Sponsoring a family new to Victoria makes a world of difference, says Sabine Lehr, the private sponsorship of refugees manager for the Inter-Cultural Association (ICA) of Victoria.
Lehr is urging Victorians to consider becoming sponsors for newcomers seeking a better life.
“It really helps ordinary citizens – Canadians that might not otherwise have much interaction with people with refugee backgrounds – to have some first-hand experience,” Lehr said. “It helps build this kind of social consensus around immigration in our country that is so important.”
We need people coming in with a different outlook on life. With new ideas, with new thoughts and to rejuvenate our population,” she added. “It’s a real boost for our society here in Victoria.”
And the number of refugees resettling in Victoria appears to be on the rise.
The ICA database shows that between 2015 and 2018, the percentage of newcomer clients at the ICA with a refugee background jumped significantly – from 5.9 per cent to 26.8 per cent.
Created in 2012, the Specialized Sponsorship Program sees refugees selected for resettlement by the United Nations. Lists of families and individuals on this list are provided to the ICA, which then refers cases to sponsors.
“We are looking for a match between the sponsor’s interests and capacities on one hand and then the kinds of supports a person might need,” Lehr said. “[Sponsors] might not be able to support a family of 10 but they may be prepared to support a family of four or a single individual.”
And thanks to federal funding via the specialized sponsorship program as well as the Blended Visa Office-Referred (BVOR) fund – supplied by a group of Canadian philanthropists – the financial aspect of sponsorship doesn’t come at a huge cost to Canadian families.
“There is a limited time period [for sponsorship] so people don’t need to worry that they will have to support someone forever. It’s a one-year commitment, and on the financial side, the government is paying some of the costs of sponsorship – six months at social income assistance rate.”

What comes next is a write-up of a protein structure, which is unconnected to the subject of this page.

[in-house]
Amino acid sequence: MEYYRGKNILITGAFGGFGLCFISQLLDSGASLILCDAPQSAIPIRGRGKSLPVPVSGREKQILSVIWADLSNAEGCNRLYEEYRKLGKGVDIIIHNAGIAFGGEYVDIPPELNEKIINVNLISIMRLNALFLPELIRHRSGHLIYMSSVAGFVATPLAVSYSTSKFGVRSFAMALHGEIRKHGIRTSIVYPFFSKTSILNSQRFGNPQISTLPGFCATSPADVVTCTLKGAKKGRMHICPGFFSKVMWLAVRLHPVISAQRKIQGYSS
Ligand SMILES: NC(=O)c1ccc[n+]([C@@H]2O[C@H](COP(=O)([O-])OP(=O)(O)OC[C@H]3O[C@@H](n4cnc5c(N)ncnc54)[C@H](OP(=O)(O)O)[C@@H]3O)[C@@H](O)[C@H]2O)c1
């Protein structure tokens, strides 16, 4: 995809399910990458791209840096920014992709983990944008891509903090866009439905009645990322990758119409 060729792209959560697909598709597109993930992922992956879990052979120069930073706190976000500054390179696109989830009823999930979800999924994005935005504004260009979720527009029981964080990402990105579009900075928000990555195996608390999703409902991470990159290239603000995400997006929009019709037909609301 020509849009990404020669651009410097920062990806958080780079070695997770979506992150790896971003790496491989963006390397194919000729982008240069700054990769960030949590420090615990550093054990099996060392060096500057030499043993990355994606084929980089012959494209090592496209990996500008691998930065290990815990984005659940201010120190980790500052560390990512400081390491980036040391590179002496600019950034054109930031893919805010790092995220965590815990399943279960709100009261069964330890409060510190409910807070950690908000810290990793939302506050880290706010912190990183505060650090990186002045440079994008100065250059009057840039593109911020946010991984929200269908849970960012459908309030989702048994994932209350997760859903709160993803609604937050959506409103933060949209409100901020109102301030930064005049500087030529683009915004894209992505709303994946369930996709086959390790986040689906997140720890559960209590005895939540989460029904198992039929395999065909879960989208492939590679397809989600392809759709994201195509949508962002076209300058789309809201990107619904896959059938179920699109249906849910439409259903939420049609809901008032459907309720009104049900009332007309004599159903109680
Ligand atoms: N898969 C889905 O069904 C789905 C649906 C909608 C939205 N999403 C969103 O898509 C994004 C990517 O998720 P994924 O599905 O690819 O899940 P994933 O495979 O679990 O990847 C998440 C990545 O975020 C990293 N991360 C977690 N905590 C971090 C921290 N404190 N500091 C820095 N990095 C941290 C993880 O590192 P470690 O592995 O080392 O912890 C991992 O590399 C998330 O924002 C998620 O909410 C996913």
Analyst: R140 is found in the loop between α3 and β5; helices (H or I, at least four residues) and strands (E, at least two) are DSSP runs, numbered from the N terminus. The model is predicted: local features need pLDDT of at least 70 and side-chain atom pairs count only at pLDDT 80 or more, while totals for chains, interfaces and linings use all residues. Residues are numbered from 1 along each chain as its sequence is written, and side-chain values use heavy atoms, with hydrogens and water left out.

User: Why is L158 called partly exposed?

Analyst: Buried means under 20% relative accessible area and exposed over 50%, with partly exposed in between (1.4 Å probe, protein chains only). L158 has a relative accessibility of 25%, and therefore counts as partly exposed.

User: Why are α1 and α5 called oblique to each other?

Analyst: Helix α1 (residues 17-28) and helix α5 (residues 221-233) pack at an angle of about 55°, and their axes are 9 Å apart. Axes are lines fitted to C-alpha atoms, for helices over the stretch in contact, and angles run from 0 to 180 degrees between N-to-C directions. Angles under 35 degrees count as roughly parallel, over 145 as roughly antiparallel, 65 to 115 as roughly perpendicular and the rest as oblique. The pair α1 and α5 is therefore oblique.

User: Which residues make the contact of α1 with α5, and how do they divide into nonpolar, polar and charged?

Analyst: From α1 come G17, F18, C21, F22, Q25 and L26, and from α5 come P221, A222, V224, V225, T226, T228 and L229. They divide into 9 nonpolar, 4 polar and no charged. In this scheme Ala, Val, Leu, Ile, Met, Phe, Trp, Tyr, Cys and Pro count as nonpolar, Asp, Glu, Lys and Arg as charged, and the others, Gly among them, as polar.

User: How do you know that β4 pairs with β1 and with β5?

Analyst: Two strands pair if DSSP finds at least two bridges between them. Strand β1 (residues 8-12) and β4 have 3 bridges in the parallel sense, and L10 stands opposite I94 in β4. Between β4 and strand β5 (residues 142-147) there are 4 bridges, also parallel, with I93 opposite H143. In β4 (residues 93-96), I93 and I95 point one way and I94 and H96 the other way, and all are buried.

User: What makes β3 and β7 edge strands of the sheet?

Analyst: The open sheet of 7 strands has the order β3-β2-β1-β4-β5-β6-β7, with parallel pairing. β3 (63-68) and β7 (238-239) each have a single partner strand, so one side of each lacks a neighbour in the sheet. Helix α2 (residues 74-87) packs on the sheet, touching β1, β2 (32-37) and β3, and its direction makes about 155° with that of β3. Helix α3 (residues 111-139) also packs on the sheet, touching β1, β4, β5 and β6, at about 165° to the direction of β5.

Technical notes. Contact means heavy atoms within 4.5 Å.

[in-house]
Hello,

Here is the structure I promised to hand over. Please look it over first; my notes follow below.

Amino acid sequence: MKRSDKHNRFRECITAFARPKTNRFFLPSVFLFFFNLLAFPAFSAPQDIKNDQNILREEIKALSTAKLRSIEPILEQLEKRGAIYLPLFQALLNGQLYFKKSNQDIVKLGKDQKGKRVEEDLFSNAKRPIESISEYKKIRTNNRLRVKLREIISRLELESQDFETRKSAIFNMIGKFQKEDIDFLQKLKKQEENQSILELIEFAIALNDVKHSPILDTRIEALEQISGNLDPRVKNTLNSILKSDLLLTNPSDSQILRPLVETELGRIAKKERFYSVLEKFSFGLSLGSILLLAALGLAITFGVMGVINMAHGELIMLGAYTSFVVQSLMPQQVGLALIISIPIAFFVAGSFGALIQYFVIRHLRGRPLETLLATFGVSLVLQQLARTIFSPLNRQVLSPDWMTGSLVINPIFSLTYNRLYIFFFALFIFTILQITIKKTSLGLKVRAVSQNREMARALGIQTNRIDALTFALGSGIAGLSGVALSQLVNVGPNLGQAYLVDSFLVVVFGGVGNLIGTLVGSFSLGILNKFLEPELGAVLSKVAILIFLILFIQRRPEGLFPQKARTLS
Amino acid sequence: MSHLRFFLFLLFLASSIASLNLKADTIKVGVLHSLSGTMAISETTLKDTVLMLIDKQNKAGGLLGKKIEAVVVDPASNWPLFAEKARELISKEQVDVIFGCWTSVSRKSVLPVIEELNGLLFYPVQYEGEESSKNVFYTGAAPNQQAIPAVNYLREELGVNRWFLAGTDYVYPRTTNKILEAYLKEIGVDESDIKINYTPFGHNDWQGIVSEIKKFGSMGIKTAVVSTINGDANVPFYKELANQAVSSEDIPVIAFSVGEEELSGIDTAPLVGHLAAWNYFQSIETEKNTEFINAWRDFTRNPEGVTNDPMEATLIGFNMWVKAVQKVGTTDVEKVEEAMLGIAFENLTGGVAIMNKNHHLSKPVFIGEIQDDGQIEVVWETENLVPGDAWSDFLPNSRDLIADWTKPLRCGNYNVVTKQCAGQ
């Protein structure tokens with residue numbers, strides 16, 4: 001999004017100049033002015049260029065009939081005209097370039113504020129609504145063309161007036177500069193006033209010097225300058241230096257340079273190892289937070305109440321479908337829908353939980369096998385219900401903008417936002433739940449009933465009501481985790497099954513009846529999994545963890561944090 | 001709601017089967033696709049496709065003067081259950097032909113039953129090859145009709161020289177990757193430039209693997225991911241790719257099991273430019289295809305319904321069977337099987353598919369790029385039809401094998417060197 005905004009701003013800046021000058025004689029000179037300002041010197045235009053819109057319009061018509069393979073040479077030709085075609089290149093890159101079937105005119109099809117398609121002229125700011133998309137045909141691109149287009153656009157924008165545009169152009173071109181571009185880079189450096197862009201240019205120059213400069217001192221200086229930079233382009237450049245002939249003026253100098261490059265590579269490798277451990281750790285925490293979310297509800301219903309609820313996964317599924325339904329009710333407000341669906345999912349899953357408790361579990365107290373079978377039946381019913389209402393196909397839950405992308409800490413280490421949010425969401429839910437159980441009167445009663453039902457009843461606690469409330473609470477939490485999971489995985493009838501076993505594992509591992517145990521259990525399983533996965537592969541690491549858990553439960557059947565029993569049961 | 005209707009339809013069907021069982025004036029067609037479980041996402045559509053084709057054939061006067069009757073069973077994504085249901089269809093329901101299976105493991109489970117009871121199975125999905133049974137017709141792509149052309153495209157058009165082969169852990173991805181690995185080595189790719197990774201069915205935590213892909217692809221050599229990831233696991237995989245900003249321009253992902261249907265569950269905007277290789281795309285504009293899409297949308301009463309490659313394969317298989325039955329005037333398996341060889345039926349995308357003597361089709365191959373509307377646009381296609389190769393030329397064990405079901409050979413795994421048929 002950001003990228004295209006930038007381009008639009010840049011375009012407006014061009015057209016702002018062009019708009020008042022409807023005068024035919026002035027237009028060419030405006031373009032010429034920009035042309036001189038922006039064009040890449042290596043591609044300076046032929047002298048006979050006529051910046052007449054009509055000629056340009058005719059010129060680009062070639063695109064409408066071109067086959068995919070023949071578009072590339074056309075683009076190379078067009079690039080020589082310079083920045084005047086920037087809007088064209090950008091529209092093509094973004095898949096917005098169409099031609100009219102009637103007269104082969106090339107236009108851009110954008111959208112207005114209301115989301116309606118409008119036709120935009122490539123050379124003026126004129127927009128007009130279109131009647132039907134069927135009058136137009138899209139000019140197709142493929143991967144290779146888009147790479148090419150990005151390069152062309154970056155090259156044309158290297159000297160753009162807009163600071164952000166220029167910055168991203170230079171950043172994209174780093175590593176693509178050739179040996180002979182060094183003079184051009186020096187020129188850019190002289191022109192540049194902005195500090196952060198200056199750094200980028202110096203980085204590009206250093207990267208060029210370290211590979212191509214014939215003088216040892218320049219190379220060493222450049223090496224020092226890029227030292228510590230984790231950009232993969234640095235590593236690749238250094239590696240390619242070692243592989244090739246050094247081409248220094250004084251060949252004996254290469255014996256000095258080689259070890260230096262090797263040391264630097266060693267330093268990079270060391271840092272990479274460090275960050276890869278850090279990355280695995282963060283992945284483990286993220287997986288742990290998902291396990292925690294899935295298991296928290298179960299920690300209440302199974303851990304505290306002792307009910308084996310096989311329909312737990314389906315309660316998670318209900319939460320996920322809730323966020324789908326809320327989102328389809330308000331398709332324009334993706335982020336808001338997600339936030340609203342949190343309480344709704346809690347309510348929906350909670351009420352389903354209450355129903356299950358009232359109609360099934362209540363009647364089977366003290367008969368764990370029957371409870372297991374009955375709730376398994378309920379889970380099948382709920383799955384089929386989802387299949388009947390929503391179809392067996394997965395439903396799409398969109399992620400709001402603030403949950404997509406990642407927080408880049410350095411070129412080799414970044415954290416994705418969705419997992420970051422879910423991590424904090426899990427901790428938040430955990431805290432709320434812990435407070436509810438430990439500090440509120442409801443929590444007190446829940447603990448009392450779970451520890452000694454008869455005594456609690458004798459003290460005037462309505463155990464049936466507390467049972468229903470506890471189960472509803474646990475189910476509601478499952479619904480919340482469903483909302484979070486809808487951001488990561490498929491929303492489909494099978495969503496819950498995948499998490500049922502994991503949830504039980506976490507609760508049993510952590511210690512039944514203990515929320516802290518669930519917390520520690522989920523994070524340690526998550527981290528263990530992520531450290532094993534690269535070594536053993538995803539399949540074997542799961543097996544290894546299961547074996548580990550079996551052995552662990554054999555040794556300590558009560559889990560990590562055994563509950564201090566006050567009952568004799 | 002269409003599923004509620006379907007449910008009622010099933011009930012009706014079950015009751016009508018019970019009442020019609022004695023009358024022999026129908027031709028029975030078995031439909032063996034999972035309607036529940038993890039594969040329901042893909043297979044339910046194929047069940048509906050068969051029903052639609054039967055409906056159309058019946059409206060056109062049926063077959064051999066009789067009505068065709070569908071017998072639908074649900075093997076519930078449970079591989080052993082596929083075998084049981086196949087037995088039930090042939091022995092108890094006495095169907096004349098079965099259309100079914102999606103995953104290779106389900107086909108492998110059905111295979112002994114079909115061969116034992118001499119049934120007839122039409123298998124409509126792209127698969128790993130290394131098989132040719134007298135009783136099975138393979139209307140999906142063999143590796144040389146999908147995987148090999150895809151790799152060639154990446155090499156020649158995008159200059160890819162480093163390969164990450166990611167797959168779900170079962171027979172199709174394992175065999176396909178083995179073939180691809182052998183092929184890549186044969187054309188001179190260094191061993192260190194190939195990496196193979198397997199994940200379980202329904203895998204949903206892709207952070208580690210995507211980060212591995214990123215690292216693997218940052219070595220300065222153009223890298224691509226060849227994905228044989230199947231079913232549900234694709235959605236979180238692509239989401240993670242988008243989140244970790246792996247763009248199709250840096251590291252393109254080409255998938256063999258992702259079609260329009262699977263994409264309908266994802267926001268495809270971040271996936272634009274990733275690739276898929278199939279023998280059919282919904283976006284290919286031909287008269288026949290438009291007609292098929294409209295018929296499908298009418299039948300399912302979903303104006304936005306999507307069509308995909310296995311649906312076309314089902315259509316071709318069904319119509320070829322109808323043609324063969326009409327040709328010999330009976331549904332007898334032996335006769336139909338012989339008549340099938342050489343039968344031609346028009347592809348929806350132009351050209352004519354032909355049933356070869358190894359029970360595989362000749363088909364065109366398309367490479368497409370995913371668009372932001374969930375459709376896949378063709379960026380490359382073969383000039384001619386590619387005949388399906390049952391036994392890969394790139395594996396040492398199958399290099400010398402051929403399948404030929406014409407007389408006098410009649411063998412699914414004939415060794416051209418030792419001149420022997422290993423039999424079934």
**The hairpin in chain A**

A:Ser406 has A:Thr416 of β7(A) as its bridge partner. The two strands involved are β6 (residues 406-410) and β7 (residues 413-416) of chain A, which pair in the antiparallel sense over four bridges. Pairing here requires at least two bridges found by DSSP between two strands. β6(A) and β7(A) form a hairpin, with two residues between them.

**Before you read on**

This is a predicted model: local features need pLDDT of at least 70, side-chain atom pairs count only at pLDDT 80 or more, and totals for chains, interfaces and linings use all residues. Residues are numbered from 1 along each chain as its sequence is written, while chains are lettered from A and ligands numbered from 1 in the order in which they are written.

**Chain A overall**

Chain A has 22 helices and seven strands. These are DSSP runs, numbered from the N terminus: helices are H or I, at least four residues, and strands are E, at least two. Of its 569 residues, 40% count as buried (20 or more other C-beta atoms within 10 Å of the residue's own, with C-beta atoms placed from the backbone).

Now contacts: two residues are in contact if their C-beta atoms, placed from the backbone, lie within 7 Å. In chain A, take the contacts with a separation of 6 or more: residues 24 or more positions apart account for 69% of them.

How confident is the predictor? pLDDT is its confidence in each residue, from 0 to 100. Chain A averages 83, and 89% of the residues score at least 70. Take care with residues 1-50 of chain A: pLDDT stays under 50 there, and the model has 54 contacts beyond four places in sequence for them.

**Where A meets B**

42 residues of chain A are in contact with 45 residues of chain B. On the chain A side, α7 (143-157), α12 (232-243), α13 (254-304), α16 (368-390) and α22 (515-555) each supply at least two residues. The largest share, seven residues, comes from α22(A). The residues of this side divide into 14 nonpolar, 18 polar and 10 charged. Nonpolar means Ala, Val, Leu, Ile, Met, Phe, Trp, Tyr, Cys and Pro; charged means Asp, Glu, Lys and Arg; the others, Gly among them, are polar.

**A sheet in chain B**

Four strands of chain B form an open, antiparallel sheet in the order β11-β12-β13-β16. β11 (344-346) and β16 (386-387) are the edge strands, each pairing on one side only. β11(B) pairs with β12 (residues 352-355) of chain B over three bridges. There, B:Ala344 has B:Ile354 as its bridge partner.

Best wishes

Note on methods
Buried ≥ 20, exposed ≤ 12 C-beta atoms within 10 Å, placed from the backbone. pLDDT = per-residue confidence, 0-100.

Lehr said the BVOR Fund was created last year and has already helped to sponsor an additional 600 new Canadians. That funding remains available until the end of August.
But one of the most important roles of a sponsor is providing social supports – right from the moment of arrival. Sponsors pick up the newcomers from the airport, help them find housing and help them through the paperwork that comes with making a home in a new country.
ICA helps with language programs, education, job-finding and more.
“Basically we call it ‘walking with the newcomers,’” Lehr said. “It’s about walking along with them and helping them find their way in this new society during that first year.”
Lehr says helping refugees and landed immigrants is a tangible, hands-on way to make a real difference – sometimes for people fleeing violence, conflict or persecution.
“We can’t solve the problems of the world, but we can make a difference in the life of that one person or that one family,” she said. “And people often say, ‘what difference does that make if one individual gets sponsored here? There’s 25 million refugees.’
“And we say, ‘It makes all the difference for this one person. It makes all the difference in the world. And it might be a life or death difference.’”
For more information on becoming a sponsor, visit icavictoria.org or call 250-388-4728.